Mark H.Mc Cormack - 110 Percent Solution

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Post by Charognard »

[center][large]110 Percent Solution.rar (71.61 MB)
Mark H.Mc Cormack

Image[justify]Mark McCormack shares the insights and acumen that helped him build a billion-dollar business
Mark H. McCormack personally delivers a peak performance as often as physically possible. He rises at 4:30 a.m. to make overseas phone calls and dictate letters until 7 a.m. The rest of his day moves along in carefully orchestrated half-hour increments. Guided by a tight schedule, McCormack is never without his "list of things to do" and is never happier than when he is crossing things off it.
For years, McCormack's work as "the most powerful man in sports" (Sports Illustrated) has dictated that he move freely in international business circles and among the great sports champions of our time. He is a true insider and a keen observer of human nature. There is perhaps no one else on the American business scene today with the ability and knowledge to tell you more about 110 percent performance than Mark McCormack... the skilled negotiator... the elegant host... the hard-driving entrepreneur... the far-sighted businessman... the fascinating raconteur and?most important of all?the wise mentor.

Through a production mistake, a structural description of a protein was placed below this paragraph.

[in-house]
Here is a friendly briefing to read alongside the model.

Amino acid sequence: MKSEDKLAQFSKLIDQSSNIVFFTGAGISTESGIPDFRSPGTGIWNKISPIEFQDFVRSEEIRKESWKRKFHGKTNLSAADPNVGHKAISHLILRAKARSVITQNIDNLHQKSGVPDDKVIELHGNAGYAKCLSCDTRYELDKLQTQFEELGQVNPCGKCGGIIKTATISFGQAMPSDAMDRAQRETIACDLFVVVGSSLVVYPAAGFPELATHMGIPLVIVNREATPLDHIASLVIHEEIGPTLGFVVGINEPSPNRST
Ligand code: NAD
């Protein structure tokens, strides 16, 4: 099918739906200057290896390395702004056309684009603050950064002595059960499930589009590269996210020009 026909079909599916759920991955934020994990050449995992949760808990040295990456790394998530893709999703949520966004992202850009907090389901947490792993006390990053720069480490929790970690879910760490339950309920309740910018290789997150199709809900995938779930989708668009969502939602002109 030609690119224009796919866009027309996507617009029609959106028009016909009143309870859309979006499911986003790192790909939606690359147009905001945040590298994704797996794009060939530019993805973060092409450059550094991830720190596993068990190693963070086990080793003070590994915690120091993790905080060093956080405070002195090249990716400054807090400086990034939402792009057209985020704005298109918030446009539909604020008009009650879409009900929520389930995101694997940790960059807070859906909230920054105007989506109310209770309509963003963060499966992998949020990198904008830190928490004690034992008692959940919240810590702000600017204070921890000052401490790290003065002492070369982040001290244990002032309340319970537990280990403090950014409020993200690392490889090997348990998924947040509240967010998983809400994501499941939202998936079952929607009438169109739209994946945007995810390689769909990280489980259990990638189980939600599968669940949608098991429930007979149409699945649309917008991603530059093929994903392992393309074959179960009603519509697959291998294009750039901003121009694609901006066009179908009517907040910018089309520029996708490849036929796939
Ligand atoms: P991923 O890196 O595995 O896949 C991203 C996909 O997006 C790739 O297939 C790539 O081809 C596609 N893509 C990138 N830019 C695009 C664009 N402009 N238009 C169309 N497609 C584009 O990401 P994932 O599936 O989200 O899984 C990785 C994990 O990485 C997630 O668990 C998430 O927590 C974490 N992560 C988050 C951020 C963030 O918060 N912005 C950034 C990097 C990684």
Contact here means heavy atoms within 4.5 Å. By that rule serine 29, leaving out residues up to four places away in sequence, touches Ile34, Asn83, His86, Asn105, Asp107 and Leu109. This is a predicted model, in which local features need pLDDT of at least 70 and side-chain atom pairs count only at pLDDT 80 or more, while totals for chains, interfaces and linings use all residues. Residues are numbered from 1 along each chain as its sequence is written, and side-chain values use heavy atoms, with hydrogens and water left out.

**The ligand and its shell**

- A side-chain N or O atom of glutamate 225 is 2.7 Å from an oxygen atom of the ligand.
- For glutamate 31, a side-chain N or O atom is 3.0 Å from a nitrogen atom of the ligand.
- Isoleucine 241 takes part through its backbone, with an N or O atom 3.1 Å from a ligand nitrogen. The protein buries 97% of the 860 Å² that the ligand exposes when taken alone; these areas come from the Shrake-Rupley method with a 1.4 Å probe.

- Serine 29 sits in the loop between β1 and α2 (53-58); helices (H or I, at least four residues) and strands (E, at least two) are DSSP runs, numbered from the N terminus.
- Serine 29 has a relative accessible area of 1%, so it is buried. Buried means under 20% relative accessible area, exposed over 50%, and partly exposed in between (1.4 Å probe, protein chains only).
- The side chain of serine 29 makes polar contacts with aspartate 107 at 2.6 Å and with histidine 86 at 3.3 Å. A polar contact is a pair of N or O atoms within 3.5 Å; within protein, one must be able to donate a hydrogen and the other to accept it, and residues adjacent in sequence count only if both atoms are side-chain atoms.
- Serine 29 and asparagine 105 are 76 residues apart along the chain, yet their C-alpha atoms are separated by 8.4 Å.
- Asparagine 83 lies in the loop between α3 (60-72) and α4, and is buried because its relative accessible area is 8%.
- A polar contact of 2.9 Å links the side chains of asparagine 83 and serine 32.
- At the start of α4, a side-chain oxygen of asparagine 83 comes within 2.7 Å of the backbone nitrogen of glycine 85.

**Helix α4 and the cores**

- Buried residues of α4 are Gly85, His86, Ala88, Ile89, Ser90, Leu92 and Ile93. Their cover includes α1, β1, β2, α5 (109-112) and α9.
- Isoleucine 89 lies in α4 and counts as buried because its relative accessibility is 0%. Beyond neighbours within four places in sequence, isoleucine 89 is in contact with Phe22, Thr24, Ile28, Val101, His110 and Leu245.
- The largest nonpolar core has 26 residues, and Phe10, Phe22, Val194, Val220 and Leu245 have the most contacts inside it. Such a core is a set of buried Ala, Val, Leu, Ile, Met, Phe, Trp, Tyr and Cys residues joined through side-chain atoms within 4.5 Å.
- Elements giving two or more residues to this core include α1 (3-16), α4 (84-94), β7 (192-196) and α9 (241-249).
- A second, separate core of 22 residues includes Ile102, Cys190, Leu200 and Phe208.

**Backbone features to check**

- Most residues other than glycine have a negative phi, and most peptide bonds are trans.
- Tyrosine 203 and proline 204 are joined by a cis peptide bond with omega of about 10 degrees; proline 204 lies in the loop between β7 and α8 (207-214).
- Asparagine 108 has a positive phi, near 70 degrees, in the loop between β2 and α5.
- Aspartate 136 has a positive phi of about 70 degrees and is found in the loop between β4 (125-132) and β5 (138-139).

Widely regarded as the creator of the sports marketing industry, McCormack is founder, CEO and chairman of International Management Group (IMG), of Cleveland, Ohio. The company, with 45 offices in 22 countries and over 1,000 employees, represents sports celebrities, creates sports programming for television, manages promoter sporting events, and is a marketing consultant to at least half of the Fortune 100.
IMG is also a publisher, a literary agency, manager of world renowned classical musicians, an international modeling and licensing agency, and a leader in providing personal financial planning.